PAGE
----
Mariam Rezaei:
Now I’m 38 and I’ve stopped caring what people think because I’m very aware that I know what I’m doing, and I’m doing it in my own way. Writing for the turntable is not about making other people like it. It’s about succeeding with something new and ambitious with a young instrument. So, I fully embrace the experiment of the sound in every possible way. I think sometimes, people’s hesitation comes down to people being scared of the unknown. You can choose to be scared or to be excited.

Mariam, you play an instrument which is likely for surprises. The sound that appears can be very different than you expected. How do you deal with that?

MR: Exactly, you know what the sample is, but you don’t know what’s going to happen when you play with it. Nine times out of ten, it’s totally  different to what I expect (laughs) and I’ve accepted this truth now. Sometimes turntablists tend to have a verystrict idea of how things should sound, but I think that once you start to embrace chance, things get really interesting – to deal with the unknown, publicly on stage, that takes some real guts.

Your composition consists of six scenes for turntable and orchestra. How are they structured, is there an overall narrative or is each of them standing for its own?

MS: These six scenes are all pretty separate. I wouldn’t say there’s a narrative, but there’s a kind of arc to it. There’s a shape. We tried to make a kind of journey, I guess in a way, it’s a bit like Pictures in an exhibition by Modest Mussorgsky or Leoš Janáček’s Sinfonietta. There are lots of little pieces and they’re all really separate, but there’s also a reason for an order for them. And for this, we went for the differences. These pieces, they’re really heterogeneous. After one thing that we want to do, we place the complete opposite next to it. We’re always progressing like this. We want the piece to be like with arms big, wide open to the world.

Interview with the turntablists Mariam Rezaei and Jorge Sánchez-Chiong (PDF, 5.1 MB)


Images of the night, dreams, myths, and distant mysteries have always loomed large in Kaija Saariaho’s work. The Finnish composer’s extensive catalogue contains evocative titles like From the Grammar of Dreams, Wing of the Dream, Caliban’s Dream, For the Moon, Graal Theatre, The Castle of the Soul, and her opera L’Amour de Loin (‘Love from Afar’). Orion, the mysterious and adventurous hunter of Greek mythology, was the mortal son of Neptune (Poseidon), the god of seas. After his death, Orion was placed by Zeus in the sky as a radiant constellation. He is, thus, at once an active (even hyper-active) human being and an immobile heavenly object, and Saariaho has fully exploited that contrast in the present work in three movements – her largest purely symphonic composition to date.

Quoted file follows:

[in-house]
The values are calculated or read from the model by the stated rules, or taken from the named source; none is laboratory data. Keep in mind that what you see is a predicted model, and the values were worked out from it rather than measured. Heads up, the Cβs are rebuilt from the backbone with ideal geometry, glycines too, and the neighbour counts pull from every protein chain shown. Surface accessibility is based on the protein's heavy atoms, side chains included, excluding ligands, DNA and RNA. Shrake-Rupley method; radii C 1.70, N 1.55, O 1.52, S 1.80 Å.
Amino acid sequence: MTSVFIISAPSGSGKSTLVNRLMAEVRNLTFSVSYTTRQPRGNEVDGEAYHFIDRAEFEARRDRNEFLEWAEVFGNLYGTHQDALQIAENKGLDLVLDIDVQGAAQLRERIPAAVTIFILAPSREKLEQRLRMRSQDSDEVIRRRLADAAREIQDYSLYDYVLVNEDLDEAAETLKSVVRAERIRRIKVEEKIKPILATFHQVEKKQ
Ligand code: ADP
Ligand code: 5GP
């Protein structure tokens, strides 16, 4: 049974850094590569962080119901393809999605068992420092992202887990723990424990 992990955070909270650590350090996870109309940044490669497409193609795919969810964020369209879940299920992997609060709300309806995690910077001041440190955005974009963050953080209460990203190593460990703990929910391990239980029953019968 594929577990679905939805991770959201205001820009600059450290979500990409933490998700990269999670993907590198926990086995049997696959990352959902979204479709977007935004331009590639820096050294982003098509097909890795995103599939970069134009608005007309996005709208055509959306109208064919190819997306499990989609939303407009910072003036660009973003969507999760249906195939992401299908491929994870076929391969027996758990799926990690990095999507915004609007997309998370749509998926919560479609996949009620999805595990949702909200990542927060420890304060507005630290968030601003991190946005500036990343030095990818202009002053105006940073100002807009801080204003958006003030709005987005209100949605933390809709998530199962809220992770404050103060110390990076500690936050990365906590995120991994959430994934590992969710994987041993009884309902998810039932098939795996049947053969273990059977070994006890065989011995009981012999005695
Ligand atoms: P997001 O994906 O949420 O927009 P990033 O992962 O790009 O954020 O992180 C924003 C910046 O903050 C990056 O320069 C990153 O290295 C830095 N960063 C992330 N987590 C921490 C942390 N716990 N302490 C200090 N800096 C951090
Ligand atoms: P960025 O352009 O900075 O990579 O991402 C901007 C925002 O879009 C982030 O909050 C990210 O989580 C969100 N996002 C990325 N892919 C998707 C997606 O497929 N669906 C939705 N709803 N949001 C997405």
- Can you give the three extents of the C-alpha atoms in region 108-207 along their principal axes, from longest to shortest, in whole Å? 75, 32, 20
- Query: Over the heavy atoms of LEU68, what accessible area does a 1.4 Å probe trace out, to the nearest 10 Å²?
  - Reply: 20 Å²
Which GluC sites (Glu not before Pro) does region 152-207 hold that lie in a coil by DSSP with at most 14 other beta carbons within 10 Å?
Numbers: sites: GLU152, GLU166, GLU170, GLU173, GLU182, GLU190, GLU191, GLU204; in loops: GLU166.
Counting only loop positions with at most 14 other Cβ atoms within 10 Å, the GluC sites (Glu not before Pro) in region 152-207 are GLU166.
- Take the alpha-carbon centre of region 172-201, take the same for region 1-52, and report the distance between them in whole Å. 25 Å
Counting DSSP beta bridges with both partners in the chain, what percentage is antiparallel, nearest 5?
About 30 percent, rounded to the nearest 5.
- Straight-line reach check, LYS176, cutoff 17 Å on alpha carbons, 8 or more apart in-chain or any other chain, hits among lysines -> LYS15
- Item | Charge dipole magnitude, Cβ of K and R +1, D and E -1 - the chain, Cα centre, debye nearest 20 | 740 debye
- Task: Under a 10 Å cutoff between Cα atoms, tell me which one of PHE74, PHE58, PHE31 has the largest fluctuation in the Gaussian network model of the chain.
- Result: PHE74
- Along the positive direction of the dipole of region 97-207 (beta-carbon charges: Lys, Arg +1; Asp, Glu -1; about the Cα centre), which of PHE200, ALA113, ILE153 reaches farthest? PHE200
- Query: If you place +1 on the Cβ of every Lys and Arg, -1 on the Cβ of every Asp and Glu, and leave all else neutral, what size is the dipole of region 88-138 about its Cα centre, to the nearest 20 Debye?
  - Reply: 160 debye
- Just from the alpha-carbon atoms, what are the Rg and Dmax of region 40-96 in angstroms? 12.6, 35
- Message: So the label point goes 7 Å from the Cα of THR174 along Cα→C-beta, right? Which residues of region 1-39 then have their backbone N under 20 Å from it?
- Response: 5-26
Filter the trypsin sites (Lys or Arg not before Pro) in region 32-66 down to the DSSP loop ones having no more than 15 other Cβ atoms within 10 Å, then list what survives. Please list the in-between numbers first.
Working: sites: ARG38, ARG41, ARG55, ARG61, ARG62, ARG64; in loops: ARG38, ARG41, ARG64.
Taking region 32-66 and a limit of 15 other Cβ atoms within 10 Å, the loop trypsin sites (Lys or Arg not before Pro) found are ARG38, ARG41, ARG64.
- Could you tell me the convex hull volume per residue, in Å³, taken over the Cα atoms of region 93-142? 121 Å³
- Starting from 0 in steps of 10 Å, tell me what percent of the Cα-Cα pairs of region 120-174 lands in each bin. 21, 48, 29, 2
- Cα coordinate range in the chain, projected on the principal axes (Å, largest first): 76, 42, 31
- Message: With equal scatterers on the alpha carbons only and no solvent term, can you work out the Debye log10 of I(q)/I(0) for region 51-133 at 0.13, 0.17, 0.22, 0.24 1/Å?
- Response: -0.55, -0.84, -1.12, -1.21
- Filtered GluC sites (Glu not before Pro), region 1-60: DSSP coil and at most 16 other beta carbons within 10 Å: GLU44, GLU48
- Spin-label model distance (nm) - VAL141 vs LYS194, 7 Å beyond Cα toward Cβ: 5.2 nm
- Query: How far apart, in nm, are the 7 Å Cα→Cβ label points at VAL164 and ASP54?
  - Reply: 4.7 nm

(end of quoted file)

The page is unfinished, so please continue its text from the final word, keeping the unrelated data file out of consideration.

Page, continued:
Orion begins its musical journey in a kind of amorphous ‘interstellar space‘. The first movement, titled Memento mori (‘Remember that you must die‘), evolves from a mysterious introduction towards a powerful orchestral outburst marked by the entrance of the organ. This moment also brings an expansive string melody and an insistent – one would like to say inexorable – rhythmic idea in equal eighth-notes, played fortissimo by the woodwinds. The music then becomes more animated, with a new, exited figure all in rapid sixteenth-notes gradually taking hold of almost the entire orchestra, repeated furioso and con violenza until it is abruptly cut off.

The second movement, Winter Sky, opens with a haunting piccolo solo, continued by solo violin, clarinet, oboe, and muted trumpet. As the orchestral soloists pass the melody around, the other instruments provide a colourful and atmospheric accompaniment. The orchestral texture later fills out with multi-Iayered polyphony, yet the movement remains calm and contemplative. For the ending, the already slow tempo becomes evenslower as the piano emerges from the background with a ’sky-high’ melody repeating a few notes in changing permutations, over expressive string glissandos and the sound of chimes, bowed vibraphone, and crotales.

We come back to earth with the energetic final movement, titled Hunter. It is a study in perpetual motion – or almost, since the fast motion is repeatedly interrupted by short mysterious episodes in a slow tempo. The third such interruption, more extended than the first two, momentarily recalls the second movement, before the music returns to its former dynamic and joyful self. The excitement grows apace, but as the tempo increases, the volume decreases. More and more instruments drop out, and by the end, Orion has once again assumed his position on the night firmament.

Peter Laki

© ️Angela Grabowska
© ️IMD-Archiv/ Manfred Melzer
© ️Angela Grabowska
© ️Priska Ketterer